The Night They Drove Old Dixie Down: A Celebration of the Life and Music of Levon Helm. With Marco Benevento, Dave Dreiwitz, Scott Metzger, and Joe Russo (a/k/a Bustle in Your Hedgerow) and many others.
Monday, June 4
Better than: Nothingness.
One of my favorite conversations with the late psychonautic writer Terence McKenna had to do with the evolution of psychedelic rock during the late 1960s. “Things seemed to be going along just fine,” he once riffed to me. “The Rolling Stones came out with Their Satanic Majesties Request and the prospects for real psychedelic rock seemed limitless. And then the Band released Music From Big Pink, and everything seemed to go into reverse all at once.” Even today, The Band’s Canadian take on Southern culture has permeated our own cultural DNA as though it had been there all along. And with Levon Helm, the group’s only Southerner, as its heartbeat and preeminent singer, perhaps it always had.
So here we are, some four decades after the Band’s recording heyday, still singing along to “The Weight” in the company of strangers as though our lives depended on it. When the 71-year-old drummer born Mark Lavon Helm died in April, he was celebrated mostly as yet another exception to the no-second-acts theory of American lives. Helms brilliantly created his own mythology from the ground up, building a barn-studio and throwing upscale-hootenanny “rambles” that nurtured and preserved in Woodstock aspic the Robbie Robertson, Bob Dylan, and other rock oldies he made his own.
Organized by Noah Chernin (of the band Sam Champion) to help keep Helm’s barn a-rambling in its builder’s absence, last night’s tribute had a casual give-the-people-what-they-want quality to it. The core band—Marco Benevento (keyboards), Dave Dreiwitz (bass), Scott Metzger (guitar), and Joe Russo (drums)—usually perform together as Bustle in Your Hedgerow, an instrumental science experiment involving Led Zeppelin covers. Hopes (well, mine anyway) were therefore raised that the quartet would sweep the sawdust off some of these chestnuts.
‘Twas not to be, though, as singer after singer—including the Hold Steady’s Craig Finn (“Jemima Surrender”), Guster’s Ryan Miller (“Ain’t No More Cane”), Grayson Capps (“Dirt Farmer”), Nicole Atkins (“Whispering Pines”), Phosphorescent (“Look Out Cleveland”), Family Band (“Evangeline”), American Babies (“Don’t Ya Tell Henry”)—stepped forward to sing-read the Helms songbook to Bustle’s impeccable accompaniment as Diamond Doves’ horn section and a trio of female vocalists provided dimension and a certain je ne sais oomph.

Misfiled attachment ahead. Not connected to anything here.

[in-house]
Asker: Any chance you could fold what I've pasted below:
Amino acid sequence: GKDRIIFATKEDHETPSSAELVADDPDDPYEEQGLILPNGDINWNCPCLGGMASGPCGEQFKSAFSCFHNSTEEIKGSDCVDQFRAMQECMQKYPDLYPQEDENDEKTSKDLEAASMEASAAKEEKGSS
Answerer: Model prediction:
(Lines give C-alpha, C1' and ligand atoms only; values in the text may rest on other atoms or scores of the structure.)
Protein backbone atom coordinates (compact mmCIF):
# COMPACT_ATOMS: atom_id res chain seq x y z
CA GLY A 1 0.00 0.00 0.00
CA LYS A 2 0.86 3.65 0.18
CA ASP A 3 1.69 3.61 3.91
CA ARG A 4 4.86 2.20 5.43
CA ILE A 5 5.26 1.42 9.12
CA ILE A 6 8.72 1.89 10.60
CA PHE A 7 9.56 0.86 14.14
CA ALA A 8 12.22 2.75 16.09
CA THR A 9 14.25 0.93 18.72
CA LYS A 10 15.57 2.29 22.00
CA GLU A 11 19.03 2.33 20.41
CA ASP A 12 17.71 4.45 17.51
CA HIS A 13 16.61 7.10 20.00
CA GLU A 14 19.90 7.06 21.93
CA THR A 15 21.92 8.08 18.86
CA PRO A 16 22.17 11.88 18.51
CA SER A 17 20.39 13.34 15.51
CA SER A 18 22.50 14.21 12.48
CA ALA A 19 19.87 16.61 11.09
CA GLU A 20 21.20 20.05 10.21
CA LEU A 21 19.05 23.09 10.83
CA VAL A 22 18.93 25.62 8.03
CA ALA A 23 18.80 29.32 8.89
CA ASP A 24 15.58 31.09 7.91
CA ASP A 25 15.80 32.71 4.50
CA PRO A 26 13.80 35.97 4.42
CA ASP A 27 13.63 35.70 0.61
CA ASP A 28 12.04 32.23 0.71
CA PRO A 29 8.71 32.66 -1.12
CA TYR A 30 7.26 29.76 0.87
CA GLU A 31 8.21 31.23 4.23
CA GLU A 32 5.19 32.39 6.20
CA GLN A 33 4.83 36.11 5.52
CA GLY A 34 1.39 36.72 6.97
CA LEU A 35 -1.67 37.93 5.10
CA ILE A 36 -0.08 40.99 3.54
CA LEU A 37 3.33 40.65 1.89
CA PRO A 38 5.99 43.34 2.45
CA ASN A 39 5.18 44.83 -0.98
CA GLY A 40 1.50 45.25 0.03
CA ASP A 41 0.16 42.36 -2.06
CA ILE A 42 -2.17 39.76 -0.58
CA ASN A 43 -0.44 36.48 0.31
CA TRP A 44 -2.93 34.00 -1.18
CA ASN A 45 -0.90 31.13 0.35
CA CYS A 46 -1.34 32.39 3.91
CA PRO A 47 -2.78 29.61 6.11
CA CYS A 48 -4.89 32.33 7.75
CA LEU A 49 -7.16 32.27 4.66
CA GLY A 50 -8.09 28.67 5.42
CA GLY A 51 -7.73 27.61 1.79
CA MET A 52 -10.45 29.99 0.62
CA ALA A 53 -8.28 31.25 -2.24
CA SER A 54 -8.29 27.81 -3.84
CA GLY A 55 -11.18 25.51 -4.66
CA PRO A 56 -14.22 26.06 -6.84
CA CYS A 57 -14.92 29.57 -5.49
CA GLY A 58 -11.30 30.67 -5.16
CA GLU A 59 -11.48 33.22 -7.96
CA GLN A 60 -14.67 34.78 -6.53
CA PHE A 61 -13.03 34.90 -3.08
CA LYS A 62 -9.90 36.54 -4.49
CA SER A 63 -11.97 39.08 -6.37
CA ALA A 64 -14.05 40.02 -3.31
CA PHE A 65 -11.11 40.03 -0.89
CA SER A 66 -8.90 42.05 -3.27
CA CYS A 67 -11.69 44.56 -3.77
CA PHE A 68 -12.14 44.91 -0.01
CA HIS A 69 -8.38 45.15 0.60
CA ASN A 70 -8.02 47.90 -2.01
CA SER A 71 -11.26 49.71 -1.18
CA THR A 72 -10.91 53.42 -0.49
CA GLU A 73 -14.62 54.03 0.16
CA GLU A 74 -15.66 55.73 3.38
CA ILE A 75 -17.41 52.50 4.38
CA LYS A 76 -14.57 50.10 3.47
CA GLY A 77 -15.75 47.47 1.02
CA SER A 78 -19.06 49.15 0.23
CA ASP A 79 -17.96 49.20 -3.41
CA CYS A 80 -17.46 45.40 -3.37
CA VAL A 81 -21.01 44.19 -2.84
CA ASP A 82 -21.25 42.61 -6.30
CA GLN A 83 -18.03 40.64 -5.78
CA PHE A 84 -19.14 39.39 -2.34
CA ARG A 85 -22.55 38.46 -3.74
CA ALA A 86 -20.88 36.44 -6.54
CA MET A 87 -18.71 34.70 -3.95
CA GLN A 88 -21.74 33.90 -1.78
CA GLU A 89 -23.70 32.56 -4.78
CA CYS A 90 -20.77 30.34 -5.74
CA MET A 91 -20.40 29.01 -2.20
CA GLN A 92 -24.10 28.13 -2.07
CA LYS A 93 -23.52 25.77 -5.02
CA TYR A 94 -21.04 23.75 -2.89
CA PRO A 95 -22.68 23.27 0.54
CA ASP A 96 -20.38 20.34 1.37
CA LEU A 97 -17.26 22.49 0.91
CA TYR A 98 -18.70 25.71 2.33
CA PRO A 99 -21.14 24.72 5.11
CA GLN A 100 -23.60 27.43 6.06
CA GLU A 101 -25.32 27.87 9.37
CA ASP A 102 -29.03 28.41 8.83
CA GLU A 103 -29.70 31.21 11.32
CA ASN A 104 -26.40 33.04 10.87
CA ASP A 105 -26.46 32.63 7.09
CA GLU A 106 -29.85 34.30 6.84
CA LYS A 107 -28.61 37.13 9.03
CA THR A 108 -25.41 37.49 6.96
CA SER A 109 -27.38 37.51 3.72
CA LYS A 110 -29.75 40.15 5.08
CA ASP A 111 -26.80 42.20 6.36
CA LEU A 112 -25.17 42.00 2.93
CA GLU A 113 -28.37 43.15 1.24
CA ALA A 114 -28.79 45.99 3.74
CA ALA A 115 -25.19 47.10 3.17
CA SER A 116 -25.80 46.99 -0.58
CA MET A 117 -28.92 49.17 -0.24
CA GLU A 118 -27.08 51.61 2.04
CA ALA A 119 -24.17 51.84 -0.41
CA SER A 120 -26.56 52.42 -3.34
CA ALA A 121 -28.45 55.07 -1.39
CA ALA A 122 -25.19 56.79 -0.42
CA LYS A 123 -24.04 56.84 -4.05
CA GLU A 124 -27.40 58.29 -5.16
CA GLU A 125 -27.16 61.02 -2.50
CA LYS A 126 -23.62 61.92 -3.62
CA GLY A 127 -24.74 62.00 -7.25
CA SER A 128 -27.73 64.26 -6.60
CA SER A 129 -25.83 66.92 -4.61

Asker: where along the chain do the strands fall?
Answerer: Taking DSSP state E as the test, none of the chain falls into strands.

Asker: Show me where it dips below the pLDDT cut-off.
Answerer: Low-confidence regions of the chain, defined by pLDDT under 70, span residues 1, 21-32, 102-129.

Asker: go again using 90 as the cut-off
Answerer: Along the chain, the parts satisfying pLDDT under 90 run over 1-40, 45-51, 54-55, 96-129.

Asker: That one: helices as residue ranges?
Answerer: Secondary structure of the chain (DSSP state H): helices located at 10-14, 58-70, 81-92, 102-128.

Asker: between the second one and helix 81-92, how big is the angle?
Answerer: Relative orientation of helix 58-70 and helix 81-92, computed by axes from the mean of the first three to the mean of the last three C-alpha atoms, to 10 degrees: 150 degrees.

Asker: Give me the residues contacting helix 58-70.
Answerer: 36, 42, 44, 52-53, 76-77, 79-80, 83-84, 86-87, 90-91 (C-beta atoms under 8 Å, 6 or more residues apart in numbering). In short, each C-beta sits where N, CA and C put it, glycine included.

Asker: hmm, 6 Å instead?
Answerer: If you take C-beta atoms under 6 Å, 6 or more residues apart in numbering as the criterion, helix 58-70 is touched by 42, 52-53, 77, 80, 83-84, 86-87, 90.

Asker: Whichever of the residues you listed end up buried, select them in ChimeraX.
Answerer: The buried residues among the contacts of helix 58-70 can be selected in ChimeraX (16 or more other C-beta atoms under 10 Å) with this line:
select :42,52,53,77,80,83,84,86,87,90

But kudos to Ian Felice for not only knowing all the words to “The Night They Drove Old Dixie Down,” but also lending a hunter-capped, streetwise panache to the song, which condenses a Caro tome’s worth of grief, rebellion, and resolve into a cinematic allegory for America’s then-cresting counterculture. Finn at least picked a song (“Yazoo Street Scandal”) whose lost-weekend hallucinations resonated with his own work. And Kelli Scarr transformed “King Harvest” into a creditable soul workout. Guitarist Jim Wieder, keyboardist Brian Mitchell, and other members of Levon’s ’80s solo band dropped by and doubled up with Bustle for much of the show. And Elvis Perkins offshoot Diamond Doves stepped in for a three-song miniset that included Search and Restore concert promoter Adam Schatz’s unexpectedly jazzy take on Woody Guthrie’s “I Ain’t Got No Home in This World Anymore.”
Fifty or so musicians took the stage for “The Weight,” which ended the show as a disheveled hymn to all things that must pass. Put the load wherever you want, but here’s a thought: Unless someone brings something new to the table, maybe we don’t need to hear these songs for a while. They’ll remain on file, of course, as resonant variations of ongoing stories we tall ourselves about life in these United States. But I’m still waiting for someone to cover the hell out of Their Satanic Majesties Request.
Critical bias: Shamefully missed the boat for Levon’s Midnight Rambles.
Overheard: Craig Finn telling Bustle that “Singing with you guys is like sitting in with a freight train!”
Slippin’ & Slidin’
Back to Memphis
Ain’t No More Cane
Look Out Cleveland
Yazoo Street Scandal
When I Paint My Masterpiece
Don’t Ya Tell Henry
Don’t Do It
Up on Cripple Creek
W.S. Walcott Medicine Show
Rag Mama Rag
Long Black Veil
I Ain’t Got No Home in This World Anymore
(I Don’t Want to) Hang Up My Rock and Roll Shoes
Deep Elem Blues
Shape I’m In
I Shall Be Released